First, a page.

Review| Volume 156, ISSUE 2, P125-130, June 2011

The history and usage of the vaginal pessary: a review

Published:January 14, 2011DOI:


      It is expected that with the rising female life expectancy the prevalence of pelvic organ prolapse will increase. From ancient times mechanical devices have been used to reposition prolapsed organs. Given that surgical correction of prolapse is associated with high recurrence rates, pessaries offer a favorable alternative. In spite of the antiquity of pessary usage the evidence for its use, the effectiveness of symptom relief, and the nuances of clinical management with the pessary in situ have not been studied methodically. There is a need for controlled trials to assess the efficacy of pessaries as opposed to other non-surgical and surgical methods of treating pelvic organ prolapse. Additionally, the long term effects and complications of pessary usage have not been assessed in trials, and knowledge about the potential complications caused by the pessary rests mainly on anecdotal data.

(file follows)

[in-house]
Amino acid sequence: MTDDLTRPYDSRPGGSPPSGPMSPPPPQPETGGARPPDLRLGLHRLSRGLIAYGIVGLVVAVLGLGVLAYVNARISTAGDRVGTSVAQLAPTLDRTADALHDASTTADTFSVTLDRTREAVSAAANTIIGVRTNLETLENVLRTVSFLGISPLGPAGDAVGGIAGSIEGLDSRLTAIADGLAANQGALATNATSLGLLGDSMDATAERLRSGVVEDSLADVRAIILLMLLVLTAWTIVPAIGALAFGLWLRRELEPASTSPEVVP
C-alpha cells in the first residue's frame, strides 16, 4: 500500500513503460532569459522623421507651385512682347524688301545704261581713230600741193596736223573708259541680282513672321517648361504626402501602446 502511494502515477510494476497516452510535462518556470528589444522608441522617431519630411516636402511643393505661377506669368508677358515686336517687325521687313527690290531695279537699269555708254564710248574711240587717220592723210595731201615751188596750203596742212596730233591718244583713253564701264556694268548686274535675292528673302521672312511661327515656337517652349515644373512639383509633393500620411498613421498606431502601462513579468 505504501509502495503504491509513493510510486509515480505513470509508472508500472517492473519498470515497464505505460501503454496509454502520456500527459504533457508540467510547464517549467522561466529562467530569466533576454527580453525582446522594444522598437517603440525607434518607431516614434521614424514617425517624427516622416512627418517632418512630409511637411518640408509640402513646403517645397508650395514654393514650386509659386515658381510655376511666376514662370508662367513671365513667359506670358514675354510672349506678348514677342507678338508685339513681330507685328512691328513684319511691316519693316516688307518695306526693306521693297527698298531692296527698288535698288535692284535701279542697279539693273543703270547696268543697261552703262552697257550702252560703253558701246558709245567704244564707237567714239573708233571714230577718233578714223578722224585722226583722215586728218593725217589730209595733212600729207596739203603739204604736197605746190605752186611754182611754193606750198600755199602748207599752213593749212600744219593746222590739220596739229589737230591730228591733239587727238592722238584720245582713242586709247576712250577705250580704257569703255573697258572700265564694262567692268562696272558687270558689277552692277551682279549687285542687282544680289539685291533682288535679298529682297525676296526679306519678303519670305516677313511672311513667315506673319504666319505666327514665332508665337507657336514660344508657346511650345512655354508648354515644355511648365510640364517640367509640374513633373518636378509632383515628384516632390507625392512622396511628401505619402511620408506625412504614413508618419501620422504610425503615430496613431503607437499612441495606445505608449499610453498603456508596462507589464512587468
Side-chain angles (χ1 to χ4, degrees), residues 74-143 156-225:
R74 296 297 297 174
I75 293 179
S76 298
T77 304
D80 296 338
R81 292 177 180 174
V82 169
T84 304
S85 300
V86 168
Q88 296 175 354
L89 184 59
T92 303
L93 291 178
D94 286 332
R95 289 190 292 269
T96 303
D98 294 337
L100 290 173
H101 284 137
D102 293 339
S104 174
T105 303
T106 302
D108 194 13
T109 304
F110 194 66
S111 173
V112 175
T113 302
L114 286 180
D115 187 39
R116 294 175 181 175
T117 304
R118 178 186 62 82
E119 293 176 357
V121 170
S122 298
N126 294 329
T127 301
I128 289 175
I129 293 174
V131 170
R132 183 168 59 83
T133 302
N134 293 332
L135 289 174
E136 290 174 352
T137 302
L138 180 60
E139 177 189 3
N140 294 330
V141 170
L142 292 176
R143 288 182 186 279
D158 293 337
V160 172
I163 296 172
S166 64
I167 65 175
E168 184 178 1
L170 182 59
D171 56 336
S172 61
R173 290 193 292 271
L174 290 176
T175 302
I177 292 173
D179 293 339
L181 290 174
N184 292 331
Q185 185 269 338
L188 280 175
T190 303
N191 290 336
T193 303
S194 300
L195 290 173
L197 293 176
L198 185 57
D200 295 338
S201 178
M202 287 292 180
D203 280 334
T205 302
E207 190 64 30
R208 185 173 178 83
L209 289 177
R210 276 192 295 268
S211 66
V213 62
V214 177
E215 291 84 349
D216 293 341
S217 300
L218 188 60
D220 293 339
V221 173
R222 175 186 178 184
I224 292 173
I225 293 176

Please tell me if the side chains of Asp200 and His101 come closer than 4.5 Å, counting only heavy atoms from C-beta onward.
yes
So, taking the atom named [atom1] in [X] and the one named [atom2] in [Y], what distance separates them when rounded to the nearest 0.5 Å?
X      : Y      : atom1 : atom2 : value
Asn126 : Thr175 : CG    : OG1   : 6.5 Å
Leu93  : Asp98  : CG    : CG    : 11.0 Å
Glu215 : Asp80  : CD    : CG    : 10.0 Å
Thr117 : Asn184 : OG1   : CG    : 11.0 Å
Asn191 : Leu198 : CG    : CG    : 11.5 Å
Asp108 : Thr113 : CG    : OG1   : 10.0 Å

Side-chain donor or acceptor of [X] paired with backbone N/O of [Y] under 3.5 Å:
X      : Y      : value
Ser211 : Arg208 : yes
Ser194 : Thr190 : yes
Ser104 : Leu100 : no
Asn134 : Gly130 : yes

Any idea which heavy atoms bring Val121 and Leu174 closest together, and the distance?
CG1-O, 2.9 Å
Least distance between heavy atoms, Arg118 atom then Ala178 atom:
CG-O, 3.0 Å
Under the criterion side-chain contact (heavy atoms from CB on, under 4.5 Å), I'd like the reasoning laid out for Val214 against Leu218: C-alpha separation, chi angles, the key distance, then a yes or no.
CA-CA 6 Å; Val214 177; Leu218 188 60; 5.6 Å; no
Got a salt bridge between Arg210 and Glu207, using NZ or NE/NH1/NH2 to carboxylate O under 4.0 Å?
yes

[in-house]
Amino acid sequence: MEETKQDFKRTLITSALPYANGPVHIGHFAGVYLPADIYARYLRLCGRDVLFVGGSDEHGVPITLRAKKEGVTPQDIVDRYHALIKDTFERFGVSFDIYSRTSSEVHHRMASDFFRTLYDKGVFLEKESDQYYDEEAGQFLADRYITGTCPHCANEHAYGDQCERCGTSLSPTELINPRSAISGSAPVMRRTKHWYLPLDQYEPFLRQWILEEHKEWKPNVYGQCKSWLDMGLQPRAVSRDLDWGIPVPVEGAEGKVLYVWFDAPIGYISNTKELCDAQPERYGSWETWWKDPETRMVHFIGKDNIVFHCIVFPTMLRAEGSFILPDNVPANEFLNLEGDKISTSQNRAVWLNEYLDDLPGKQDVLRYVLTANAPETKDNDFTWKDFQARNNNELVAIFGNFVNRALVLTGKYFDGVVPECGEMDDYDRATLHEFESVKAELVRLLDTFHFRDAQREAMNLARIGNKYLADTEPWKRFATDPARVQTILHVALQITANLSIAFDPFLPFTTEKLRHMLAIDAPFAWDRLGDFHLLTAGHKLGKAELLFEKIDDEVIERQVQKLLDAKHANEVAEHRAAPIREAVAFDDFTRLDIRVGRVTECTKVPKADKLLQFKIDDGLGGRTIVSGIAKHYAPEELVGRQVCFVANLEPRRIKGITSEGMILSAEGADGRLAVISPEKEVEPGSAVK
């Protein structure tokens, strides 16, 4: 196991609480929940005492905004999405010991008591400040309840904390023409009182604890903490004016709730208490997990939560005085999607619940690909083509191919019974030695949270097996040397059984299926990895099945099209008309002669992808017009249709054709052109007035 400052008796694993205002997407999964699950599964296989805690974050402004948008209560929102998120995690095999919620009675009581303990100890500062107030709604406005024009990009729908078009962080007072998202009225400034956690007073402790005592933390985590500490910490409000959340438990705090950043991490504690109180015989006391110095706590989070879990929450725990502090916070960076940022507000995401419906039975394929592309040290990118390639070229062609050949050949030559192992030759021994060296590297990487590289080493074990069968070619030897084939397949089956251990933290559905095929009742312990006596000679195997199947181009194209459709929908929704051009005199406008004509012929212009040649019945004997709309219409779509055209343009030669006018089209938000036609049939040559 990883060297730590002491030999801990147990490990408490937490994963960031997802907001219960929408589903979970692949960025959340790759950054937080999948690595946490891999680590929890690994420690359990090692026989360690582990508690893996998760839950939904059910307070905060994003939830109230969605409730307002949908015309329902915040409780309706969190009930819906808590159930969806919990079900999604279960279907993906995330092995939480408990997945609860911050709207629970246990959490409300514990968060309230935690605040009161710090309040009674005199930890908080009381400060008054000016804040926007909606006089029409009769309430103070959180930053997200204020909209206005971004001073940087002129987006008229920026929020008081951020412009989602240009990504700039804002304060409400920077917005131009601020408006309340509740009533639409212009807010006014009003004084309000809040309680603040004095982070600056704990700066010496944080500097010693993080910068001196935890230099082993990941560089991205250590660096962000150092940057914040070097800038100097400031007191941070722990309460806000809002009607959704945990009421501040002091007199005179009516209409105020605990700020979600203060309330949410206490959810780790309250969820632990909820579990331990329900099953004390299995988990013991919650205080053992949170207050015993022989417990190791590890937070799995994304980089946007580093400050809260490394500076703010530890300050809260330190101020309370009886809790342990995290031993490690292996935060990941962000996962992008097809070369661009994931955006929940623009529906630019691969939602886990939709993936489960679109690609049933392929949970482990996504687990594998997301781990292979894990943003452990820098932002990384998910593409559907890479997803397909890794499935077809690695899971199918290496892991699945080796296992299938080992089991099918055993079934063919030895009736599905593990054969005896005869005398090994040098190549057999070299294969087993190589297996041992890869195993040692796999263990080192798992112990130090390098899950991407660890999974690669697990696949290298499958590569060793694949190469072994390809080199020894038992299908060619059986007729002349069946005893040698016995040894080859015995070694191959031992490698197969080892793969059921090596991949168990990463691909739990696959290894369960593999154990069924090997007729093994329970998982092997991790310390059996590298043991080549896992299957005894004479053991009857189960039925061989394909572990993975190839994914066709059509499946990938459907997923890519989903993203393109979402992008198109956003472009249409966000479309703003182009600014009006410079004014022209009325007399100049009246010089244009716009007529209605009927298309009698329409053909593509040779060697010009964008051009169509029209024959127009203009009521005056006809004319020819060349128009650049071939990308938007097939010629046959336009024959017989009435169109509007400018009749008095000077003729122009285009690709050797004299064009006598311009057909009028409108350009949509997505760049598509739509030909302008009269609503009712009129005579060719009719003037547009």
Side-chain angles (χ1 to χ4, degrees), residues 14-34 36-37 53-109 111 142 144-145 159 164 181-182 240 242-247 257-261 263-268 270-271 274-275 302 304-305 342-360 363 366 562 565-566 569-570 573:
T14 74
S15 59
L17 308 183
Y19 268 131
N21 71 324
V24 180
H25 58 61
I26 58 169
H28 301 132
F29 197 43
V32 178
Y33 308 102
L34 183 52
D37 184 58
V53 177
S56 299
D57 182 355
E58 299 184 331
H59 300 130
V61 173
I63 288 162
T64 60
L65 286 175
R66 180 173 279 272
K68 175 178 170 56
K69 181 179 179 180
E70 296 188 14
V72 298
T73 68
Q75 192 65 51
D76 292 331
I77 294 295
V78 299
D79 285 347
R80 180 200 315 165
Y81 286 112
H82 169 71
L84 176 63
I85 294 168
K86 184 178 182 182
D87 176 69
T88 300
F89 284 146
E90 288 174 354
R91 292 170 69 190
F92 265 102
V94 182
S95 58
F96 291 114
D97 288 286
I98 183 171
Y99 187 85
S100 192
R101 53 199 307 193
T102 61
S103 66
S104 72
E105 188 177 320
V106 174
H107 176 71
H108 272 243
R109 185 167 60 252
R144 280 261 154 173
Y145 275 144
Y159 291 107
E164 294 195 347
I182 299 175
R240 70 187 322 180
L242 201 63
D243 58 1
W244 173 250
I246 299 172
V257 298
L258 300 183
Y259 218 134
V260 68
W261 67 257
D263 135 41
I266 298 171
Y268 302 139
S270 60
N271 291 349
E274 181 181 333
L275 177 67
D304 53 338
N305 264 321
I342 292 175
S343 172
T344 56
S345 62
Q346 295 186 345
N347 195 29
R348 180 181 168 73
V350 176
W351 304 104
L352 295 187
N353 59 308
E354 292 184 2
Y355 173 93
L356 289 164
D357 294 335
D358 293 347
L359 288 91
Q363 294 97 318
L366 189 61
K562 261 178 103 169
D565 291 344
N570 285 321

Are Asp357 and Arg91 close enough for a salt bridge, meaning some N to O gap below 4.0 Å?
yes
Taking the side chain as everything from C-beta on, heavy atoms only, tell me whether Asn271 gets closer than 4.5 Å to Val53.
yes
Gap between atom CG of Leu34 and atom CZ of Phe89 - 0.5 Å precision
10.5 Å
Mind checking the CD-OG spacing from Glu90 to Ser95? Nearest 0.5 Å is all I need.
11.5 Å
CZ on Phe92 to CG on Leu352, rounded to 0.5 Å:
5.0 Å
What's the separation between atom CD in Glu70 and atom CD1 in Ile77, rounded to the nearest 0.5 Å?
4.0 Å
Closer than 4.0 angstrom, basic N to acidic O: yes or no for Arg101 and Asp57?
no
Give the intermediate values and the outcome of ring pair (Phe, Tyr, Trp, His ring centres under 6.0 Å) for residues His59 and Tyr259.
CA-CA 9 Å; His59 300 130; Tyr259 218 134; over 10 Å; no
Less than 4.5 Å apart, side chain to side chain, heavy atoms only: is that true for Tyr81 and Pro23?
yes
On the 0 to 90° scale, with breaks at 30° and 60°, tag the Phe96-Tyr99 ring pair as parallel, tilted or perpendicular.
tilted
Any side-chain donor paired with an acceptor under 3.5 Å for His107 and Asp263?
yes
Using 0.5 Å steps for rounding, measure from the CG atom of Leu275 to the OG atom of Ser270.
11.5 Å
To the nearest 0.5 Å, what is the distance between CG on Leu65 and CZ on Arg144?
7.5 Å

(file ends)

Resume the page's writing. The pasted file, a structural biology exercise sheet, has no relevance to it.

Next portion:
This review provides a historical perspective and appraises the current knowledge regarding the indications, effectiveness and the potential complications associated with pessary use. Data were obtained from an electronic search of Medline (1966–2010) and by hand searching the citations which were not available online. Keywords used were pelvic organ prolapse, pelvic floor dysfunction, vaginal pessary and urinary incontinence. Textbooks are also quoted where relevant.
      Most studies report moderate success rates in the short term following insertion of a pessary for the management of prolapse and concur in the remission of almost all symptoms attributable to the prolapse. Reported success is variable in the remission of urinary and bowel symptoms. We conclude that based on the available evidence (mostly retrospective and prospective cohort studies), treatment with a vaginal pessary is a feasible option that can be offered in the short term to women with prolapse. There is a need for controlled trials to assess the long term efficacy.


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